The New York Times Health Guide explains that the human body needs iron to make the oxygen-carrying proteins hemoglobin and myoglobin. The University of California at San Francisco's Medical Center states that hemoglobin transfers oxygen in the blood from the lungs to the tissues. Myoglobin in the muscle cells accepts, stores, transports and releases oxygen.
The NYT Health Guide also explains that iron makes up part of many proteins in the body. However, the UCSF Medical Center states that the body does not naturally produce iron, so the body must absorb iron from foods. Iron-rich foods include dried beans, dried fruit, eggs, iron-fortified cereal, lean red meat, liver, oyster, poultry or dark red meat, salmon, tuna and whole grains.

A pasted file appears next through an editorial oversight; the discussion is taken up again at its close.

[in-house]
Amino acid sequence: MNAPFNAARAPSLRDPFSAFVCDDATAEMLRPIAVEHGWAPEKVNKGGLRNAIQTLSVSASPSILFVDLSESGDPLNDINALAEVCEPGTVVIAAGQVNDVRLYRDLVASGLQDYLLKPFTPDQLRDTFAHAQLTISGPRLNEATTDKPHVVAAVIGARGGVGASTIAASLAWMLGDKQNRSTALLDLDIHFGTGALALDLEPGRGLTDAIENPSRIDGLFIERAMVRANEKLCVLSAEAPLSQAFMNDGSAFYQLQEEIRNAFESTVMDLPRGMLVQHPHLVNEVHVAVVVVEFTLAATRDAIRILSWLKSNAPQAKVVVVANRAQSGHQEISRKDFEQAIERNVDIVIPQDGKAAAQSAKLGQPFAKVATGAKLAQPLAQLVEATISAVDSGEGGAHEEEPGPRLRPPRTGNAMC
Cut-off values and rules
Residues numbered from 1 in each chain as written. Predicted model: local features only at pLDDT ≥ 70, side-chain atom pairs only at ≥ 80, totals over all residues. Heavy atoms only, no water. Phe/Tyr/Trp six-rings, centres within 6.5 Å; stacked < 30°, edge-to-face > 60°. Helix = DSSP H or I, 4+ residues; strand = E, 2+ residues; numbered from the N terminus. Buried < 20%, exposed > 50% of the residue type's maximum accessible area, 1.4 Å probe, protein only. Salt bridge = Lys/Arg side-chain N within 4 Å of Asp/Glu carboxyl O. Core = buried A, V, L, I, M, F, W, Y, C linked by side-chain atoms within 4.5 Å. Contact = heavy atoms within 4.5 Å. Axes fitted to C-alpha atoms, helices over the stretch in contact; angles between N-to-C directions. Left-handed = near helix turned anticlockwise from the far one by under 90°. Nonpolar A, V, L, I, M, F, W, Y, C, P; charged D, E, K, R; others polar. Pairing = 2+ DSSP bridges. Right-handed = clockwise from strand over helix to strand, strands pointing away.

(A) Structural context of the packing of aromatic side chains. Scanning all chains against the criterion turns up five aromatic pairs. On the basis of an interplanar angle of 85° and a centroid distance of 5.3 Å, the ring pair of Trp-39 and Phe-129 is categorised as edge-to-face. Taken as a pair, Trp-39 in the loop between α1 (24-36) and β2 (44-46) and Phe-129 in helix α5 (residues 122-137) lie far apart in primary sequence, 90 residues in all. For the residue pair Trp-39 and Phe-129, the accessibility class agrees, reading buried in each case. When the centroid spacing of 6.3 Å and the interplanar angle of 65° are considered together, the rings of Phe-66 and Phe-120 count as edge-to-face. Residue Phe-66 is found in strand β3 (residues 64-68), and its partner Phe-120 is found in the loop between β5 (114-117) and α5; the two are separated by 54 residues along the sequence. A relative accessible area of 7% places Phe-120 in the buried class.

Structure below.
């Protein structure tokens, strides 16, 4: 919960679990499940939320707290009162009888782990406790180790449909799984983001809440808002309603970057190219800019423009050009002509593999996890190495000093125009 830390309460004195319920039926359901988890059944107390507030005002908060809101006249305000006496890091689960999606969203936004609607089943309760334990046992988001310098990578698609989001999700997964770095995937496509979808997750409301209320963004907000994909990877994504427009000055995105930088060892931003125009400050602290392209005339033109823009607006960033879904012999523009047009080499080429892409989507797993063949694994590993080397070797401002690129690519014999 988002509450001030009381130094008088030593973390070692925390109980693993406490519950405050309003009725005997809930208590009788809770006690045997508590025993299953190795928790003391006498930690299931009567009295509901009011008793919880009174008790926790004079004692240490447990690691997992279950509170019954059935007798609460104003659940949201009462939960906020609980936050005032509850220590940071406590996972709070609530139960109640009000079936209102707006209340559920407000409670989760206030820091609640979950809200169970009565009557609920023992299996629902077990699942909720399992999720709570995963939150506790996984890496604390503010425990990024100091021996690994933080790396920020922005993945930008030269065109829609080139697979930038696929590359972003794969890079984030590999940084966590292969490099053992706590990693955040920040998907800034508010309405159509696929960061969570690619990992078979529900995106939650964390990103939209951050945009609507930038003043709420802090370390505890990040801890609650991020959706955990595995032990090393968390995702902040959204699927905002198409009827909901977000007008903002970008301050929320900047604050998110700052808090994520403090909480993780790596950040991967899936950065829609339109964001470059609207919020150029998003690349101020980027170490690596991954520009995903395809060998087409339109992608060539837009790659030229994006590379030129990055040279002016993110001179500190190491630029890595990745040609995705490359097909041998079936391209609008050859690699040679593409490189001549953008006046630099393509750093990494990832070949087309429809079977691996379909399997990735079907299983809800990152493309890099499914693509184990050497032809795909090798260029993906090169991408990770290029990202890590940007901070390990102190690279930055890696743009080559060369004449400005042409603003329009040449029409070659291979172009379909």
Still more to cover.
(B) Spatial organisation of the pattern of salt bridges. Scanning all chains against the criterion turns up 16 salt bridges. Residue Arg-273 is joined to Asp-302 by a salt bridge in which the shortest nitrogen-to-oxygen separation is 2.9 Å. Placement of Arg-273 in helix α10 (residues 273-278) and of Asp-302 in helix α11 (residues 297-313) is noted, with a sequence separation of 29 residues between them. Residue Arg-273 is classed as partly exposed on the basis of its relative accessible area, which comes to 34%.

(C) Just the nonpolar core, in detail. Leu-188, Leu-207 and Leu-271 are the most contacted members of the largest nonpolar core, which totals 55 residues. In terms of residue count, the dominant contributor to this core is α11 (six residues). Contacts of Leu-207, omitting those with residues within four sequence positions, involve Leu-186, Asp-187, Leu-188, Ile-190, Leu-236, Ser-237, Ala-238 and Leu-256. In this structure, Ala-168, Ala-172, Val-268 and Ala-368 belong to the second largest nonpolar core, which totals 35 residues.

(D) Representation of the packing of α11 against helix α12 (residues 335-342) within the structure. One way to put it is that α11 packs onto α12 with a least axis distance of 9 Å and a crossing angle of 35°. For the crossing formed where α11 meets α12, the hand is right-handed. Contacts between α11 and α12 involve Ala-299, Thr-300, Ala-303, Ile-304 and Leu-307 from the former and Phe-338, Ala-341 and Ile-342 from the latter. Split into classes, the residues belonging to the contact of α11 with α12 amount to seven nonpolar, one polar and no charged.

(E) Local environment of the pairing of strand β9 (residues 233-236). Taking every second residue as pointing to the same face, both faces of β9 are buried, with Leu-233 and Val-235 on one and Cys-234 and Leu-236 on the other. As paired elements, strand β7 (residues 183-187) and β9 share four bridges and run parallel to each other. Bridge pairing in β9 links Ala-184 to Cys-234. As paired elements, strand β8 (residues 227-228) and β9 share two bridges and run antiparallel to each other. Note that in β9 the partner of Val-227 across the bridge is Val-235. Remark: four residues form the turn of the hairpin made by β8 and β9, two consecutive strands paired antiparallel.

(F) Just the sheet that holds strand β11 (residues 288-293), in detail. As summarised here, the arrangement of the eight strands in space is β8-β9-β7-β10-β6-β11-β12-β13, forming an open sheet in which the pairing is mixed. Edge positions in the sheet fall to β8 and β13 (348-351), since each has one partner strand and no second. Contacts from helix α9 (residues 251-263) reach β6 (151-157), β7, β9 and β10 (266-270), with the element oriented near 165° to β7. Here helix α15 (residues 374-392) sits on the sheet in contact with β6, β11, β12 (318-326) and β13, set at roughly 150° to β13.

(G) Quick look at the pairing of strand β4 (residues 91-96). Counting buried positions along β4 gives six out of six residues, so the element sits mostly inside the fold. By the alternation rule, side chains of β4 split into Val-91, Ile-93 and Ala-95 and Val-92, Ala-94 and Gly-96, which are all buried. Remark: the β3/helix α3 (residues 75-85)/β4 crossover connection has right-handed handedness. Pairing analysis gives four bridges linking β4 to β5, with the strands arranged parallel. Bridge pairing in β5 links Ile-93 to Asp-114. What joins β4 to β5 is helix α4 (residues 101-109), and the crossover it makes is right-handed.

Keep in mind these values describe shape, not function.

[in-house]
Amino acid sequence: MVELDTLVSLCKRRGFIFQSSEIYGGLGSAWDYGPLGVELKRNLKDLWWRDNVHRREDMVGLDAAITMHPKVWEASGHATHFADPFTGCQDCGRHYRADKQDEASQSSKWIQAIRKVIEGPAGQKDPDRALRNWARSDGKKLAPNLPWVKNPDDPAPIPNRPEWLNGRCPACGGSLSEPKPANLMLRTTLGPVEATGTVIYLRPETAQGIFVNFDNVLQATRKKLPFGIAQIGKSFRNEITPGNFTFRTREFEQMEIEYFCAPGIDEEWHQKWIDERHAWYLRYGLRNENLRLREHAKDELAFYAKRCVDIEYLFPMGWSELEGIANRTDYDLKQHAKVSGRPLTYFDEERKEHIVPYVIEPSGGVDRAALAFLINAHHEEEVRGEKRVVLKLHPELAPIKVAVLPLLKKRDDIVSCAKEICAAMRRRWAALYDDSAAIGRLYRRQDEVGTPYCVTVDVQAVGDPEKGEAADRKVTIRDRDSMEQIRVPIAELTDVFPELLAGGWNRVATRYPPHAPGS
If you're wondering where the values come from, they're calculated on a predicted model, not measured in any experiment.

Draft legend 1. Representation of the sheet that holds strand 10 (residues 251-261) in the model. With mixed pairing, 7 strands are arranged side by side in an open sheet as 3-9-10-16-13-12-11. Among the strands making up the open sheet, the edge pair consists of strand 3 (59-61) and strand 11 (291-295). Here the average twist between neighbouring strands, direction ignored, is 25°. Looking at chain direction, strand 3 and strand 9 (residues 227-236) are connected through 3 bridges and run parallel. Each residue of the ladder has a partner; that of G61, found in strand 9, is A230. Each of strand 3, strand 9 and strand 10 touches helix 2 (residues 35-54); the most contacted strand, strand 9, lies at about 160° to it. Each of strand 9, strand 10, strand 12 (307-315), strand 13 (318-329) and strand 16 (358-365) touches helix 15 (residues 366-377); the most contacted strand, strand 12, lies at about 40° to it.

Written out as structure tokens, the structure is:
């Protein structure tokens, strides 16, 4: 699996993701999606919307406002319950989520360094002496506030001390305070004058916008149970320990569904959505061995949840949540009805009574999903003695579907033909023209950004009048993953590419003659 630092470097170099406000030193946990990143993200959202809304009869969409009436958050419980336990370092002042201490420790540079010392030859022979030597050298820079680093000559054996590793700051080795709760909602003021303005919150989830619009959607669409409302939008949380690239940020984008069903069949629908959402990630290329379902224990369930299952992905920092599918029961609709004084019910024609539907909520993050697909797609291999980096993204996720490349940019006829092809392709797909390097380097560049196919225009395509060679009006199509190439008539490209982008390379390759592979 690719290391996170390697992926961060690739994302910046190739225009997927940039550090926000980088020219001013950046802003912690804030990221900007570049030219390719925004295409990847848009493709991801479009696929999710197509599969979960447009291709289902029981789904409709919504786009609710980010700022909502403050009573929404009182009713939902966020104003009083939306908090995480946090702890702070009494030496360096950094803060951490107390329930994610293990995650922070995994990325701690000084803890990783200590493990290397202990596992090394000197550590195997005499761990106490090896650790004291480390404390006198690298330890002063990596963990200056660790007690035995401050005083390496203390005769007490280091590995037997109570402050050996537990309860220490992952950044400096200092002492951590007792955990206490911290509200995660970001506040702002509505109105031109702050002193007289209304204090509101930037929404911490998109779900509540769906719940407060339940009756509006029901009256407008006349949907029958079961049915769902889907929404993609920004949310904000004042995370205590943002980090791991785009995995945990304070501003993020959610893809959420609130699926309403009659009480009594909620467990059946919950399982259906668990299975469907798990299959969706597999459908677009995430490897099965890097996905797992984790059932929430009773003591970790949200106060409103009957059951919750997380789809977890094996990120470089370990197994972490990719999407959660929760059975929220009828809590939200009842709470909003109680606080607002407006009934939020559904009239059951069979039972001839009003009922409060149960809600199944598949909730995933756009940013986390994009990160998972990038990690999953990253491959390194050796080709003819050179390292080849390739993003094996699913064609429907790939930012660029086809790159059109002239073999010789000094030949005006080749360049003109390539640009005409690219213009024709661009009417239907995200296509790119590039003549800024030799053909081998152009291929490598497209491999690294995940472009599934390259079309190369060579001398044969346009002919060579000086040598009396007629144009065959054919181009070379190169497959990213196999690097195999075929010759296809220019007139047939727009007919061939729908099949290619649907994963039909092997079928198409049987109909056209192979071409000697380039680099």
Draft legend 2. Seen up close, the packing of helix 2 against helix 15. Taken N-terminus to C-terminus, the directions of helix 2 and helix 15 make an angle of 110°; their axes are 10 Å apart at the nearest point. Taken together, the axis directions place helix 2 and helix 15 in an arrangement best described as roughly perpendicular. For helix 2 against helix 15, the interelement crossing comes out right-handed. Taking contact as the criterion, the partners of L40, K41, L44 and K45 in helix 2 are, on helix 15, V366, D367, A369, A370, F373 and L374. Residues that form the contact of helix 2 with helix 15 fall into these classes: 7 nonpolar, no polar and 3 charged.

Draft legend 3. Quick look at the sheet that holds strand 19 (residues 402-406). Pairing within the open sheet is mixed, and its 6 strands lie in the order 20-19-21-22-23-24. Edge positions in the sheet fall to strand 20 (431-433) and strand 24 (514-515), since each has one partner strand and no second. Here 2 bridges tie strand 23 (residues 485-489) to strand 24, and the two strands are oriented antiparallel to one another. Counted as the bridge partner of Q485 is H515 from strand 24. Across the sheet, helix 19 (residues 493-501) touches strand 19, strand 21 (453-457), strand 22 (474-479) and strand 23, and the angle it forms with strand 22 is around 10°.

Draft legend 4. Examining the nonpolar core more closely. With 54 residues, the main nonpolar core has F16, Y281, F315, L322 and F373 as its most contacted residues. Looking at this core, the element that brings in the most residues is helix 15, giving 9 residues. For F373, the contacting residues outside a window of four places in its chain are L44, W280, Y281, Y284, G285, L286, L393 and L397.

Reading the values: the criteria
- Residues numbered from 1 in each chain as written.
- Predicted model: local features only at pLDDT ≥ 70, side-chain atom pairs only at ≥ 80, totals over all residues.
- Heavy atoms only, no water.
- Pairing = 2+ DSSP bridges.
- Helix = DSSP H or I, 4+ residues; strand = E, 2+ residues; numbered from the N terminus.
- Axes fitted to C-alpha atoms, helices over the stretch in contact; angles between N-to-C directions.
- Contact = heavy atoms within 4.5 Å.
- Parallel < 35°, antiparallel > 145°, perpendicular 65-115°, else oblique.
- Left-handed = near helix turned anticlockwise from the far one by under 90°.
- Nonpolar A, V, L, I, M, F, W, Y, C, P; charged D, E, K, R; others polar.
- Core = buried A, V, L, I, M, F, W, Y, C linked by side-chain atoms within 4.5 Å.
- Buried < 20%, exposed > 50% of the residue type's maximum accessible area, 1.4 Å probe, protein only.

When the body does not get enough iron, it may succumb to iron deficiency anemia. Symptoms of an iron deficiency include lack of energy, shortness of breath, headache, irritability, dizziness and weight loss. People with a rare genetic disorder called hemochromatosis take in too much iron. In addition, children who take too many iron supplements may develop iron poisoning. Symptoms of iron poisoning include anorexia, dizziness, fatigue, graying color to the skin, headache, nausea, shortness of breath, vomiting and weight loss.